Secondly, the study entailed no interventions of any sort different from those that are necessary and are carried out in standard intensive care. The blood samples that would be tested for HIV infection would be aliquots of samples taken for other necessary clinical purposes. Apart from the HIV testing, the study did not depart from normal standard of care and consisted essentially of analysis of data that would be recorded even if the study were not undertaken.
Thirdly, apart from the HIV testing, the “injury” that would be done to the patients as a result of not being given the opportunity to consent to or to refuse inclusion in the study was considered to be so small as to be virtually not appreciable and entirely analogous to the “injury” to patients whose hospital records are reviewed for retrospective research projects. Given the importance of the study, the failure to ask patients for permission to analyse data necessarily generated during their clinical care did not seem to be material.
Fourthly, testing the patients' blood for HIV infection without their consent and only informing them afterwards posed an important ethical dilemma. In considering this aspect of the study, the committee took into account several considerations. It agreed that there is no such thing in ethics–and particularly in the increasingly complex field of bioethics–as a simple and absolute ethical rule that must be observed in every conceivable situation. Virtually every ethical dilemma necessarily poses the problem of competing and conflicting ethical obligations. There are no absolutely satisfactory resolutions of ethical dilemmas, and the best that one can hope to achieve is to accord, with justice, preference to those ethical considerations (or “rules”) that seem in the particular circumstances to be of preponderant weight.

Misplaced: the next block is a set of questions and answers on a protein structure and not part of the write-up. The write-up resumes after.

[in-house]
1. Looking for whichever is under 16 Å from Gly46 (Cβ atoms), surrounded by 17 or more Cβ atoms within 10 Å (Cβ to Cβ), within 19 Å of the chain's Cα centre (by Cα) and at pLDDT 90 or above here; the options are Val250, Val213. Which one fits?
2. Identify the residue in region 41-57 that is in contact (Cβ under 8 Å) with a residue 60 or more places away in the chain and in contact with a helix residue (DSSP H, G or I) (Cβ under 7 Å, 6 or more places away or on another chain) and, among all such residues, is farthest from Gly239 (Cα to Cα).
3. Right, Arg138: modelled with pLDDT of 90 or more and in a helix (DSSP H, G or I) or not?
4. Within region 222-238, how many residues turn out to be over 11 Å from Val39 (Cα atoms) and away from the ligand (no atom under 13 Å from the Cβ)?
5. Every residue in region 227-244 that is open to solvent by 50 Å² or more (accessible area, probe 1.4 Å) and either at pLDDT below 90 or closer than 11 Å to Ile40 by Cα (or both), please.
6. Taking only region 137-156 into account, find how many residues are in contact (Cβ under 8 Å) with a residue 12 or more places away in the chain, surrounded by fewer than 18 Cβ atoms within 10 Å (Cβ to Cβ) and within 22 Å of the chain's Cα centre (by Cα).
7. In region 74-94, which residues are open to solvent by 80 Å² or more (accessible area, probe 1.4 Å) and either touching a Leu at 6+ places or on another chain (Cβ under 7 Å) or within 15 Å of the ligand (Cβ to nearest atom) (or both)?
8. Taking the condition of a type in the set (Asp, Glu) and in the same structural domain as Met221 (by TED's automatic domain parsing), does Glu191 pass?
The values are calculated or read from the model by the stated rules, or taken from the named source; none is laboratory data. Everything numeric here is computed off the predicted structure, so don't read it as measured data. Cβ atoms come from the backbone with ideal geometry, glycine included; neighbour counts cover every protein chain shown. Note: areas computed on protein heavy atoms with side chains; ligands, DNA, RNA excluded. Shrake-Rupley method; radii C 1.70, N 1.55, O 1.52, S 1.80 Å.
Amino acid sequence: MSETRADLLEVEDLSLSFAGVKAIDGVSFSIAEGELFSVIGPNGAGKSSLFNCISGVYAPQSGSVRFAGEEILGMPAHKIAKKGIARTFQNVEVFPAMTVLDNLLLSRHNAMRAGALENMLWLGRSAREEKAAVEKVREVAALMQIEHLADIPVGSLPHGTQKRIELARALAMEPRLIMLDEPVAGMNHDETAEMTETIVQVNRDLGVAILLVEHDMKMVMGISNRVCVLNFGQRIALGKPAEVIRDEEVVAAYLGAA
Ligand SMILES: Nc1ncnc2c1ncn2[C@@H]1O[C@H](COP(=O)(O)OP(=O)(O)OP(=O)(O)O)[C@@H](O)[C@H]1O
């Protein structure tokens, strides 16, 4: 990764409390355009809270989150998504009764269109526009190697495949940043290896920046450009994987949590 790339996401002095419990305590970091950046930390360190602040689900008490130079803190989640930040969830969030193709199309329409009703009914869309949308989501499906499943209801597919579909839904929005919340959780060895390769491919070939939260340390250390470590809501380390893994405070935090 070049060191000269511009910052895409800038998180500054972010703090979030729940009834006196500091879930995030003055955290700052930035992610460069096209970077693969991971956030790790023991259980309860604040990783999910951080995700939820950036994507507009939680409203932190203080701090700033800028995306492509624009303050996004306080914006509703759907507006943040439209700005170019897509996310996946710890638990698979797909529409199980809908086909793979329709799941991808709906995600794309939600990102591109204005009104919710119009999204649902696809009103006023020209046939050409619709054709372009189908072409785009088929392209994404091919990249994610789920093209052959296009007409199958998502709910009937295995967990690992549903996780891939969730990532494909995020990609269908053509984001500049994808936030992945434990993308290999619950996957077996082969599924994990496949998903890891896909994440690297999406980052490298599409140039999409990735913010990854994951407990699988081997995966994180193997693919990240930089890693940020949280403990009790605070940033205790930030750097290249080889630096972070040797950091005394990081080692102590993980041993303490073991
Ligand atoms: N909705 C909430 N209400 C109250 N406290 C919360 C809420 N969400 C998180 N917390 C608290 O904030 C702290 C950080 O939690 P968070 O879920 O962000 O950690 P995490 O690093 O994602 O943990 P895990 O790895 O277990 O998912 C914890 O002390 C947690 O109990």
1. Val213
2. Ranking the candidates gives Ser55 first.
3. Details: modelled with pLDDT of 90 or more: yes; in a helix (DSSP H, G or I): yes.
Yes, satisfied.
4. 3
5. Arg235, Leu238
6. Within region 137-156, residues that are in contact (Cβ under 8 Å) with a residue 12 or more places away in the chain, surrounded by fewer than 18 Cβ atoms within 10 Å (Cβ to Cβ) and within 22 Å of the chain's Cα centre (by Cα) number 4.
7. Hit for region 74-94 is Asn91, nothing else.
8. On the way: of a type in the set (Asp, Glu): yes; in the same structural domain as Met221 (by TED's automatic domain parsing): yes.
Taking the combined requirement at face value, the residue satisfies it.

The committee was also at pains to satisfy itself that the effective performance of the proposed study could not be achieved if any of the subjects were not to have their blood tested for HIV infection. Unless it could be shown, scientifically, that it was absolutely essential to include all admitted patients in the study, the committee would not have considered the proposed testing of blood without consent as ethical.